Before we address the question of what a Joe Biden Presidency will mean for markets, I will leave you with this excerpt from President-elect Joe Biden Speech.
“As my grandpop — our grandpop, he said when I walked out of his home when I was a kid up in Scranton, he said ‘Joey, keep the faith.’ And our grandmother when she was alive, she yelled, ‘No, Joey, spread it.'”
What a Joe Biden Presidency Will Mean for Markets?
The global financial markets have spent most of this year clawing its way back from a gut-wrenching sell off, triggered by the COVID-19 outbreak and economy-shutdown policies to slow the pandemic. The question now is, will a Biden victory sustain the recovery path? Let us begin with his proposed policy around energy since our revenue projection and FX depends on our oil prices.
Renewable energy has been one of Biden’s rhetoric during his presidential campaign. Biden vowed to bring U.S. emissions down to net-zero by 2050, including bringing emissions from the power industry to net-zero by 2035 – a goal that will be tricky to accomplish without a Democratic majority in Congress. We will most likely see the U.S. rejoin the Paris Climate Agreement that Trump pulled away from, saying it could hurt the U.S. economy and Biden banning issuance of new drilling permits on federal lands and waters as promised, to fight global climate change. These will eventually reduce supply from the U.S, providing support for crude oil in a Biden era.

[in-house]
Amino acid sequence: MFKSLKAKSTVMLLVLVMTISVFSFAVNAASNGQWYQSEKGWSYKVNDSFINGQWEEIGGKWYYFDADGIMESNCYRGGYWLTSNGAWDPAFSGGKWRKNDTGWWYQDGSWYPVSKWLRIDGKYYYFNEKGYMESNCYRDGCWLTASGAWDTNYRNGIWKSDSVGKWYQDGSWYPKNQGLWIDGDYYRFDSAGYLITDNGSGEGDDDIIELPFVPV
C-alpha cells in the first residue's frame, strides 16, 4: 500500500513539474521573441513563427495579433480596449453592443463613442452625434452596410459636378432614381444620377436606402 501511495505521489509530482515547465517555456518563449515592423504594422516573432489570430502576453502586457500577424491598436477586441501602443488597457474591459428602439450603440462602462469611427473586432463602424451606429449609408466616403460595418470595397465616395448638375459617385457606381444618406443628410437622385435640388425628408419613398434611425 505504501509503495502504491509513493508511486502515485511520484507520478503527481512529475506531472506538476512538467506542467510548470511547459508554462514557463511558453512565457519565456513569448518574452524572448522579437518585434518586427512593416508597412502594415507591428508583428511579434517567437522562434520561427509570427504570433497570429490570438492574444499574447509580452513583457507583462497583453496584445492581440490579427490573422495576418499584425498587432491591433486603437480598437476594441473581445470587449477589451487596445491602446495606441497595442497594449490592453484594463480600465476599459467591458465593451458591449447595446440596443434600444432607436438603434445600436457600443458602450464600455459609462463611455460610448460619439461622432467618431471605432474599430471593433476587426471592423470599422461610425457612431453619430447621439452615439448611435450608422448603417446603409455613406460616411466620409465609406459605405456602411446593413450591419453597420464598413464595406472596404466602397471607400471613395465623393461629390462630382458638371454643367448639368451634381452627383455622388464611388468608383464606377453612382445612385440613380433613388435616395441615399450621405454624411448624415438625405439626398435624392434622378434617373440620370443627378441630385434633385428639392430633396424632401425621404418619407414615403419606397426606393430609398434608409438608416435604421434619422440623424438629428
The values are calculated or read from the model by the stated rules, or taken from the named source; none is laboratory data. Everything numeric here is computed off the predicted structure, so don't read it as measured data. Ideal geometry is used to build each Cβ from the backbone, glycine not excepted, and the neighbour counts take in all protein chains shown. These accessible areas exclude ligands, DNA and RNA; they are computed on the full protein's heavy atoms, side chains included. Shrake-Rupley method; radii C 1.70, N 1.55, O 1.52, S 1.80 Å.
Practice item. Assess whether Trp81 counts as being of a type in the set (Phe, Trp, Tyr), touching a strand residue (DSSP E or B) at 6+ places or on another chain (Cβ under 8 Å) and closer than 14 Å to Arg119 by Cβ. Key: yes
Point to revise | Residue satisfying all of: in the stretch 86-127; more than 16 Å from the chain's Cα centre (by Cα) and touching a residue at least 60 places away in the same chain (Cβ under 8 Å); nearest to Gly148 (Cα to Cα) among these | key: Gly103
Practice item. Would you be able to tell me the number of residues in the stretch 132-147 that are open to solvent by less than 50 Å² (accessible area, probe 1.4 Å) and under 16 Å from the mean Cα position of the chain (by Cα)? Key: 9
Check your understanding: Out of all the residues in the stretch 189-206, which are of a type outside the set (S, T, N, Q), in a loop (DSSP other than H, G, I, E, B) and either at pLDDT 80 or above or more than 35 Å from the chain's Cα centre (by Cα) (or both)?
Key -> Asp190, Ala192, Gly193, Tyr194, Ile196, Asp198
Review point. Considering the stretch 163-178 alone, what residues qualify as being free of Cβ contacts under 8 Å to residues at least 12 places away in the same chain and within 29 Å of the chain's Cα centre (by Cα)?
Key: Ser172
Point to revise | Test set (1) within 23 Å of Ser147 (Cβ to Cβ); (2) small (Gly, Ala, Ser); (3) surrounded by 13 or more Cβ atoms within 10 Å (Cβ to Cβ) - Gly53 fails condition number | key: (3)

On global negotiations, we hope to see more stability. It remains unclear what combination of co-operation, competition, and confrontation Biden will use to engage with China and the rest of the world. Biden has shown an interest in multilateral diplomacy like previous Democratic administrations, and we expect this to play out in his first tenure.
Vaccine in play…
While markets opened higher on the back of the Biden election win, the U.S. pharmaceuticals’ giant, Pfizer in Kalamazoo, Michigan, announcement of its vaccine being “90 percent effective” against Covid-19 infections further strengthened the global rally. The FTSE closed 276 points or 4.7% up at 6,186, on Monday while the S&P 500 opened in record territory in reaction to the vaccine developments. Remember Zoom that surged 100% during the early stages of the pandemic? It was down by 18% at the open of U.S. equities market on Monday as a majority of the stocks which have hit record values this year, supporting people as they work and shop from home, witnessed selloffs.